A father reflects on what he’s learned about parenthood from his non-verbal, autistic son. A dad shares success strategies, heavily dependent on humorous YouTube videos, to cope with difficult days of kid care. The father of a kangaroo-loving child wonders how to empower the boy beyond making a donation to an Australian wildlife rescue in the midst of devastating fires.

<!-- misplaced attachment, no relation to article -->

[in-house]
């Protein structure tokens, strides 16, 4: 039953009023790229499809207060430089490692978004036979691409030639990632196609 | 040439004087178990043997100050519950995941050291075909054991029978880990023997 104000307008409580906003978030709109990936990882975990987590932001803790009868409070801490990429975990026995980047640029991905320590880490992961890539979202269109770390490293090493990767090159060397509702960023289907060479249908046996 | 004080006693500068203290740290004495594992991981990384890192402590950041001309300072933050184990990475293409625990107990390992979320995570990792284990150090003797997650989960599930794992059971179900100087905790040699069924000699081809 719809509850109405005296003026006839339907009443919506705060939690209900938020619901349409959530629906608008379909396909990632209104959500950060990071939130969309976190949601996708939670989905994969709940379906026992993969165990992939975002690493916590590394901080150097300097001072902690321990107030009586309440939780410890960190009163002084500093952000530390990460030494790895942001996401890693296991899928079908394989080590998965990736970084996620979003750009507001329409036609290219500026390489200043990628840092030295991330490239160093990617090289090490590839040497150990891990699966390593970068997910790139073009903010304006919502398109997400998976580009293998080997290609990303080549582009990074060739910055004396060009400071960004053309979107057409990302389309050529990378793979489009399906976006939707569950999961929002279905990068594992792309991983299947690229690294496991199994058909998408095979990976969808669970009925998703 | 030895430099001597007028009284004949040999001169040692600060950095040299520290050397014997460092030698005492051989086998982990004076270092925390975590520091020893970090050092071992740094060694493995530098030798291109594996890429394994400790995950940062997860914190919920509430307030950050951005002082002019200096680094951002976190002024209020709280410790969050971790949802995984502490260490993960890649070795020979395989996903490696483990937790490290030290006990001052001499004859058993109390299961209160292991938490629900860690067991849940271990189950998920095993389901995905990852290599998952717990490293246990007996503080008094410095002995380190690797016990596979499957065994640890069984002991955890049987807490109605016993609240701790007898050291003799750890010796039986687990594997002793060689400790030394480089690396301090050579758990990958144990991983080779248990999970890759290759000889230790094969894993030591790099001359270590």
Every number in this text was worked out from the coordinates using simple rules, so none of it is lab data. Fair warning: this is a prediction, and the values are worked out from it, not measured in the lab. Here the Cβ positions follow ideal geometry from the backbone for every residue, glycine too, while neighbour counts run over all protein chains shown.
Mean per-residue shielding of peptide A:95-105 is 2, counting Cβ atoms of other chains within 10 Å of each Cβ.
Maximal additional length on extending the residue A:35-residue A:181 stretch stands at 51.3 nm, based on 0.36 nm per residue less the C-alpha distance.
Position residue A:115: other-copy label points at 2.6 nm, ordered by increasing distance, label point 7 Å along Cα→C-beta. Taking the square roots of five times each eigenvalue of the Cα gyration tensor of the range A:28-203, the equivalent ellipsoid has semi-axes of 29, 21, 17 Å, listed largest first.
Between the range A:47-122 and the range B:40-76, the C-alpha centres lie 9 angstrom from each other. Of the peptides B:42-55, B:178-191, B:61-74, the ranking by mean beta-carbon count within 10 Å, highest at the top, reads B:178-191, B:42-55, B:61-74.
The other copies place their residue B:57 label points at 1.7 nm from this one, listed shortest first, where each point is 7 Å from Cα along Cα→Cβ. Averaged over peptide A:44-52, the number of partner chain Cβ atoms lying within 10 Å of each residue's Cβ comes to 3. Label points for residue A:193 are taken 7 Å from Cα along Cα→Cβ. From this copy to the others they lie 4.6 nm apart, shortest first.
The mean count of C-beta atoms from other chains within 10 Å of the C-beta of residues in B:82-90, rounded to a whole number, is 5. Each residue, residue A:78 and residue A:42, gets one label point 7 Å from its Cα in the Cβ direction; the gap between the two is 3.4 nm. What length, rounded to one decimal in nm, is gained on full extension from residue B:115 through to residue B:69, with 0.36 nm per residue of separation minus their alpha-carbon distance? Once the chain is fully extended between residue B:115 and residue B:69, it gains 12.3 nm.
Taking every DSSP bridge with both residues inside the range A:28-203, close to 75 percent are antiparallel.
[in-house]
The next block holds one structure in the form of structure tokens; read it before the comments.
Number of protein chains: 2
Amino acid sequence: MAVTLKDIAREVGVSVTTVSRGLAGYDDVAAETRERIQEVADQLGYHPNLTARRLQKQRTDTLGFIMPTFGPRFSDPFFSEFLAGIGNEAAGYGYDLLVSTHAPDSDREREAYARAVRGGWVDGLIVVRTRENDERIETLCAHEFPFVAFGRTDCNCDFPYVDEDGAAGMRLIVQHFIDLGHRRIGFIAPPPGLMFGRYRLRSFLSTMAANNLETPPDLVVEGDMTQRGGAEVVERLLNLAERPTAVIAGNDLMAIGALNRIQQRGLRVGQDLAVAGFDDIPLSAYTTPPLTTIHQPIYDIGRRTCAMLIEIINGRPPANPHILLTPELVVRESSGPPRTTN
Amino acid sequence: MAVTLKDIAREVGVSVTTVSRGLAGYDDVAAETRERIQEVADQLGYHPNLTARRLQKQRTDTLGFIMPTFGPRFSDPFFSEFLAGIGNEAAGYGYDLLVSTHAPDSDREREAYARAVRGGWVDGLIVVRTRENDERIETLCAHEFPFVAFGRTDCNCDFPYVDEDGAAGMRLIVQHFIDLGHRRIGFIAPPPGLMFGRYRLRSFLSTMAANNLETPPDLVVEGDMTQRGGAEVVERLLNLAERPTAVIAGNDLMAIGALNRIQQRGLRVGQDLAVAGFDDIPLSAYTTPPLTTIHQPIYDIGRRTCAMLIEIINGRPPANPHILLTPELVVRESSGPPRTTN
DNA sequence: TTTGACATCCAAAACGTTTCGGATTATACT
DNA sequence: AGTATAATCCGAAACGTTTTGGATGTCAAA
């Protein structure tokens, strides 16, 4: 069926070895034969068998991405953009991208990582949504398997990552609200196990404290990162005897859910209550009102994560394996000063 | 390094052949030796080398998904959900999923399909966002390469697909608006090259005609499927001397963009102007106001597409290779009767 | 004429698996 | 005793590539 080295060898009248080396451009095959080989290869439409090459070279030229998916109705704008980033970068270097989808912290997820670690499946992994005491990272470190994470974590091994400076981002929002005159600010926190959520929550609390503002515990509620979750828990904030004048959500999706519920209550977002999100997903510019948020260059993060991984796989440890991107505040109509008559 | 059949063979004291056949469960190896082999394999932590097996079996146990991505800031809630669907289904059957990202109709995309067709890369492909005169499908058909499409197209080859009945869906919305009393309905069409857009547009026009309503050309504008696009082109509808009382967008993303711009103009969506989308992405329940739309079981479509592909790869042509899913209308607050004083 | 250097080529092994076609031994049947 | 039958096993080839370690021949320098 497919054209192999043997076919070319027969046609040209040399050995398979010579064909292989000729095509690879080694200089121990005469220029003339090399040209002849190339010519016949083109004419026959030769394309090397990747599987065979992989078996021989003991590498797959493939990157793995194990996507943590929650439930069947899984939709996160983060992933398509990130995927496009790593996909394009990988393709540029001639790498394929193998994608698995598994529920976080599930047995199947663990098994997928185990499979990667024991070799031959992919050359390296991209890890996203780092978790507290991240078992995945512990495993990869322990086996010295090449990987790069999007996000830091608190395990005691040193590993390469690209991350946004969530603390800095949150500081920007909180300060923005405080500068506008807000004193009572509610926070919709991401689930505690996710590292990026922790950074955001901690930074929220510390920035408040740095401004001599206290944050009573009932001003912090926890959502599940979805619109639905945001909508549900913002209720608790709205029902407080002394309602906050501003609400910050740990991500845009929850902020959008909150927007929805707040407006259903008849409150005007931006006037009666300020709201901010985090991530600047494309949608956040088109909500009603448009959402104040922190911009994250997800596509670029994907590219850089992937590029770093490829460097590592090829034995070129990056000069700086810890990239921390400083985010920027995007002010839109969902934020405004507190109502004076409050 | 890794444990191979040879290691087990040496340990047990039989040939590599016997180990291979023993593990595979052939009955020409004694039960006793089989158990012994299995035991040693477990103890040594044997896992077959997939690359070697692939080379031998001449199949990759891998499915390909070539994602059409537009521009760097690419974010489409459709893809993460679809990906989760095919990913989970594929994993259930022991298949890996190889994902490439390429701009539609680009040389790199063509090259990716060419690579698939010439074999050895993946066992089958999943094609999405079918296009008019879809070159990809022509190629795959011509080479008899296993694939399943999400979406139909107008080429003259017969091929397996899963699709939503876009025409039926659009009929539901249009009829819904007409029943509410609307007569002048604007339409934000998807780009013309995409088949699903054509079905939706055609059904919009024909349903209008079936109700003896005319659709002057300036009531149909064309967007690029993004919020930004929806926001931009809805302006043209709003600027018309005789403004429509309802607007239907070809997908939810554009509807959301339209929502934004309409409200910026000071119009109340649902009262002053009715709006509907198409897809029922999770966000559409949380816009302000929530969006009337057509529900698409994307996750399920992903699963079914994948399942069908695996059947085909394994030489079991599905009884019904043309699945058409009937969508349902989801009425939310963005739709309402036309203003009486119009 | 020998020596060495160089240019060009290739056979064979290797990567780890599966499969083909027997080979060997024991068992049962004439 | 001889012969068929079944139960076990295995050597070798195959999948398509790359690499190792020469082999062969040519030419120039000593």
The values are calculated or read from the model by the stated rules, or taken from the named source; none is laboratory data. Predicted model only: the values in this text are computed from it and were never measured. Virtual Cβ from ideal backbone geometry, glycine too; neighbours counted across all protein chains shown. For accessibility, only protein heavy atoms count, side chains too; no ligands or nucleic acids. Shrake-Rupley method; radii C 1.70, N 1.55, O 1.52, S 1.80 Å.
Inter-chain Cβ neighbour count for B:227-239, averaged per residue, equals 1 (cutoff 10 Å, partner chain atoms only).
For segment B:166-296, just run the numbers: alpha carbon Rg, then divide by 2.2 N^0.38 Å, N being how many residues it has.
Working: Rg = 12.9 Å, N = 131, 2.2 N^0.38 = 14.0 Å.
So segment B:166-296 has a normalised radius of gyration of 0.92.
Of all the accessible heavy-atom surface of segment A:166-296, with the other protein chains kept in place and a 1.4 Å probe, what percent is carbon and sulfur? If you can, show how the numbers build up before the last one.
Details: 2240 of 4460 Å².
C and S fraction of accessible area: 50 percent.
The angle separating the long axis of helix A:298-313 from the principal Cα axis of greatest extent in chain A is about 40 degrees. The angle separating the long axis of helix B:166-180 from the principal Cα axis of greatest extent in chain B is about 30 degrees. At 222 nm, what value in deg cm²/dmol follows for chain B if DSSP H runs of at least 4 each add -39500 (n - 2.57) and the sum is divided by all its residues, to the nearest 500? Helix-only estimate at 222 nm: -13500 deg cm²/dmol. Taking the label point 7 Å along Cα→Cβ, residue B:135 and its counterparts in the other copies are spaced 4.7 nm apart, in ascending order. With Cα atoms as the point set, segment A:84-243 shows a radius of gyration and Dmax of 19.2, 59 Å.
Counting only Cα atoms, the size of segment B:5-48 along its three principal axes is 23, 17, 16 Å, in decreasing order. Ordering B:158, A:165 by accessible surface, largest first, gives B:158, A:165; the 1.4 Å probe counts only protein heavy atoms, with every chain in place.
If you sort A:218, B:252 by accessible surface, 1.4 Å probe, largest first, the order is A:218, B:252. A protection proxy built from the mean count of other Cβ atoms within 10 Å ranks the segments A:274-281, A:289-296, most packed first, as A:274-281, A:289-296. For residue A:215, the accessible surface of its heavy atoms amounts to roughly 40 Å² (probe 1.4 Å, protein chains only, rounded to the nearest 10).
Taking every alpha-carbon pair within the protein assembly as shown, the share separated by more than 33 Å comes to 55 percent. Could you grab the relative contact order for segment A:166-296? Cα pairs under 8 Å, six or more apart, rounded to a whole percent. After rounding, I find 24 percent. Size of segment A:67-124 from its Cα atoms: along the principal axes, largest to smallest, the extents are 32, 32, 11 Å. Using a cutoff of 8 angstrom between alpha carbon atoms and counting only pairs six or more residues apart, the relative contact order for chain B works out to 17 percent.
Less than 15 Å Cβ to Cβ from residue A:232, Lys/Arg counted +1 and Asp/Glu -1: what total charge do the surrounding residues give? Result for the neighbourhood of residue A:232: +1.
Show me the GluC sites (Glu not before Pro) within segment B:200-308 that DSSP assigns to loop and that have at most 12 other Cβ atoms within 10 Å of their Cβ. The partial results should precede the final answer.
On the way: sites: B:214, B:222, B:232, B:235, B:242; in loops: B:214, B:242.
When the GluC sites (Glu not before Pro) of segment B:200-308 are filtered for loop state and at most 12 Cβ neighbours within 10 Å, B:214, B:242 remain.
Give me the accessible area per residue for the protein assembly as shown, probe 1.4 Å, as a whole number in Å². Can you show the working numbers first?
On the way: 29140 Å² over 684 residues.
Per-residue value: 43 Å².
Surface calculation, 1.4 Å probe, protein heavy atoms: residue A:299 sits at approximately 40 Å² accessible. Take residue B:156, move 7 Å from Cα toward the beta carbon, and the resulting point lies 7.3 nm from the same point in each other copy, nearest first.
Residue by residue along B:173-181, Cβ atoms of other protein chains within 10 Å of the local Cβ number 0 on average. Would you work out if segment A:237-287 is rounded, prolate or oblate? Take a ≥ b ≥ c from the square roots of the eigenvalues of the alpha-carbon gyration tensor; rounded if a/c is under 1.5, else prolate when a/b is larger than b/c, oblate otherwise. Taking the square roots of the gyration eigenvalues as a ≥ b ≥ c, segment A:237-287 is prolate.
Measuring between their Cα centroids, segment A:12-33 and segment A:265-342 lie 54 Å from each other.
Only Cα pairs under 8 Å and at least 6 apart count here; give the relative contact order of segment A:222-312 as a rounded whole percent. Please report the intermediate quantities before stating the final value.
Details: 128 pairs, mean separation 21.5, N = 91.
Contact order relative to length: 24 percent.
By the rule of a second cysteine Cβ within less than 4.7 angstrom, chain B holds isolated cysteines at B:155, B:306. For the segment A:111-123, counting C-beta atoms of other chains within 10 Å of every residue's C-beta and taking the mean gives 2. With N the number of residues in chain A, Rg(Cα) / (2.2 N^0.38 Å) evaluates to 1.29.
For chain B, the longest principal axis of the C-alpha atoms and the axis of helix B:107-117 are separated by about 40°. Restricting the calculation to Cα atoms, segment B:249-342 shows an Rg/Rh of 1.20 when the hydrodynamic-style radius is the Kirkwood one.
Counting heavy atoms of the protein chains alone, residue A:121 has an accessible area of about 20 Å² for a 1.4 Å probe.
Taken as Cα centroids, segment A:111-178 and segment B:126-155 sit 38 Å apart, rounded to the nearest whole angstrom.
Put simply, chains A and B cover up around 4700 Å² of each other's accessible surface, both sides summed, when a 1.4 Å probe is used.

These are the types of essays you’ll find in the “Voices” department of Fatherly, a 5-year old online publication packed with parenting articles, videos, and personal narratives. It’s one of the few publications devoted to all things Dad. “Women read more on the internet,” explains Andrew Burmon, editor-in-chief at Fatherly, about the prevalence of mother-related publications in print and online. “Being a mom is an understood cultural value. Being a dad is a bit more ambiguous.”